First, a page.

IPL verdict: Chennai Super Kings, Rajasthan Royals suspended for two years

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July 14, 2015

New Delhi: The Supreme Court-appointed justice R.M. Lodha committee on Tuesday suspended two Indian Premier League (IPL) franchises—the Chennai Super Kings (CSK) and Rajasthan Royals (RR)—for a period of two years with immediate effect.

July 14, 2015

New Delhi: The Supreme Court-appointed justice R.M. Lodha committee on Tuesday suspended two Indian Premier League (IPL) franchises—the Chennai Super Kings (CSK) and Rajasthan Royals (RR)—for a period of two years with immediate effect.

In its verdict, the committee also suspended Gurunath Meiyappan, team principal of CSK, and Raj Kundra, former co-owner of Rajasthan Royals, for five years from association with the Board of Control for Cricket in India (BCCI) and for life from all cricket matches.

CSK has been accused of misleading the probe along with Meiyappan, who was indicted for allegedly betting on his own team during the sixth edition of the IPL. The Rajasthan Royals co-owner Raj Kundra was also alleged to have bet on IPL matches. Kundra has sold his stake in the IPL franchise. The scam itself came to the fore after three Royals cricketers were arrested in May 2013.

A three-member committee, comprising former Supreme Court chief justice Lodha and two former Supreme Court judges Ashok Bhan and R. Raveendran, was constituted by the apex court on 22 January, the day a two-member bench led by Justice T.S. Thakur and Justice I. Kalifulla announced its verdict on the IPL betting and spot-fixing case.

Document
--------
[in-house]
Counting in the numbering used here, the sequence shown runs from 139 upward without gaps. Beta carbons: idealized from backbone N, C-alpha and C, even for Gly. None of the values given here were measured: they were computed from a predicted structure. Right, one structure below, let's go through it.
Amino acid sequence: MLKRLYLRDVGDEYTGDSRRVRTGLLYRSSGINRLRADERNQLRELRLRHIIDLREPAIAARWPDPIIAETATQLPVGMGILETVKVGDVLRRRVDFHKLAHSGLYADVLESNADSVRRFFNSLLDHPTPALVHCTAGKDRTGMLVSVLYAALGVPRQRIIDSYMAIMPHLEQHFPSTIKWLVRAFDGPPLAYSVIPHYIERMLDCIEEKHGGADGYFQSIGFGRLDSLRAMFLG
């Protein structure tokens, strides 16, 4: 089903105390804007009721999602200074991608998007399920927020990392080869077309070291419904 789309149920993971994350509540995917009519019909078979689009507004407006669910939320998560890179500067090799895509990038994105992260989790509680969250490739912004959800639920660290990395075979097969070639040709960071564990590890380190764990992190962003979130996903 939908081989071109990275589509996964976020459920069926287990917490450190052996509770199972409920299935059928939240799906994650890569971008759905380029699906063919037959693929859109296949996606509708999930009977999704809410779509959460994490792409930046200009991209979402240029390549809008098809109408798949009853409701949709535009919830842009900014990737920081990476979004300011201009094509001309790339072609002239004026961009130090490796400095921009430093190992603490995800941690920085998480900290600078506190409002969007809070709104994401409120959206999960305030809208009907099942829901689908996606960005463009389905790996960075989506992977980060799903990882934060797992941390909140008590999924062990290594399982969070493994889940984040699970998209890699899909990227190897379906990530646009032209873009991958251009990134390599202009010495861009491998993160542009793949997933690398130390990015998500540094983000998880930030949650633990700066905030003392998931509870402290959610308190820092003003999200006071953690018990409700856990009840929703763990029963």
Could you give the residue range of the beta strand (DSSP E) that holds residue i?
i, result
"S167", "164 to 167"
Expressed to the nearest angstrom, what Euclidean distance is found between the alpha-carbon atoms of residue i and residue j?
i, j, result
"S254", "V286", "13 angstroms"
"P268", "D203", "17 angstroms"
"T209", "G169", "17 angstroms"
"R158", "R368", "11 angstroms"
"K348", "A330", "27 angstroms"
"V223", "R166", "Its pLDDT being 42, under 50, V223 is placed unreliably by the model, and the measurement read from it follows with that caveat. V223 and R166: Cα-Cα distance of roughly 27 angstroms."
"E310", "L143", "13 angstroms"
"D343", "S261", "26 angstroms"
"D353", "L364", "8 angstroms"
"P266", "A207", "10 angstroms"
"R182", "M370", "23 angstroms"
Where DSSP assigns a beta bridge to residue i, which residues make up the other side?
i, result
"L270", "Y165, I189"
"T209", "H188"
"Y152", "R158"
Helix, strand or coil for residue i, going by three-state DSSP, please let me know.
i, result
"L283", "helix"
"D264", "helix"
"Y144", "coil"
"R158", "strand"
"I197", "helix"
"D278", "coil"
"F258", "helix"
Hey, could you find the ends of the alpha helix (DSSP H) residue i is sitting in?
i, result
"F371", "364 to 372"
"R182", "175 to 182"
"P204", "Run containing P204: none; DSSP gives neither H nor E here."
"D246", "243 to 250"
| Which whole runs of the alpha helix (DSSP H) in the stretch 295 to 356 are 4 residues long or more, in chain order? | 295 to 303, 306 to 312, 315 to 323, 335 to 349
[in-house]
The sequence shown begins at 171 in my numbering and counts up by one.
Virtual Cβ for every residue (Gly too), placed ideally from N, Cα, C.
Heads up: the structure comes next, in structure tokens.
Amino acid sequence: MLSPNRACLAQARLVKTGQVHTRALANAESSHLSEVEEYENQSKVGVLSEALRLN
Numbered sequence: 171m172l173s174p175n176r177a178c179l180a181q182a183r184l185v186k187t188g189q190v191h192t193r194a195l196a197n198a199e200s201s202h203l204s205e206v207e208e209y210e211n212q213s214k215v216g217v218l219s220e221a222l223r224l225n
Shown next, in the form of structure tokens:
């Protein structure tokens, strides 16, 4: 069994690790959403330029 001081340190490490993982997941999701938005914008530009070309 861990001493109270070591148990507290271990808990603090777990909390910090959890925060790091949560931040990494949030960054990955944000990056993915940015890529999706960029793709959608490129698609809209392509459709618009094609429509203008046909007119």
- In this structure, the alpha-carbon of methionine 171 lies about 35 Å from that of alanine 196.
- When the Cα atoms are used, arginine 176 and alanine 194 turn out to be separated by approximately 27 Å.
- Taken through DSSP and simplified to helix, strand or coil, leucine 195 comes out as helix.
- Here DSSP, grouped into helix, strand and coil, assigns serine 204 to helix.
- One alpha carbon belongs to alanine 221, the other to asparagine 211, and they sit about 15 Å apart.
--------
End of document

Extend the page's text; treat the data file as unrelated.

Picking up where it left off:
The mandate of the committee, as outlined by the Supreme Court, includes determining the “quantum of punishment to be imposed on Mr. Gurunath Meiyappan and Mr. Raj Kundra as also their respective franchisees/teams/owners of the teams…”

Besides, the committee was also tasked with examining the role of IPL chief operating officer (COO) Sundar Raman, “into his activities, and if found guilty, impose a suitable punishment upon him on behalf of the BCCI”.

The apex court also requested the Lodha committee to make necessary recommendations to the BCCI “with a view to preventing sporting frauds, conflict of interests, streamlining the working of the BCCI to make it more responsive to the expectations of the public at large and to bring transparency in practices and procedures followed by BCCI”. While appointing the panel, the Supreme Court gave the Lodha committee a six-month deadline to finish its work.

In its verdict, the Supreme Court also said that “the order passed by the committee will be final and binding upon the BCCI and the parties concerned.”

The committee on Tuesday announced its ruling regarding Meiyappan, Kundra and the two teams only. It will now focus its efforts on Sundar Raman and the recommendations to BCCI. It is yet to inform the Supreme Court as to when it deliver this ruling.

The IPL betting and spot-fixing case first came to light in 2013, when three cricketers from the Rajasthan Royals—S. Sreesanth, Ajit Chandila and Ankeet Chavan—were arrested by the Delhi Police for alleged acts of spot-fixing.

A week later, the Mumbai Police arrested CSK co-owner Meiyappan and Vindoo Dara Singh for betting-related activities. Meiyappan is the son-in-law of former BCCI president N. Srinivasan. Srinivasan, who is currently the chairman of the International Cricket Council (ICC), is also the vice-president and managing director of India Cements, which owned the franchise at the time. In February this year, India Cements transferred the ownership of the CSK to a wholly-owned subsidiary Chennai Super Kings Ltd.

India Cements Ltd shares fell 5% to Rs 89.50 as of 1:32pm on BSE. The benchmark Sensex was down 0.1% to 27927.73 points.


Courtesy: PTI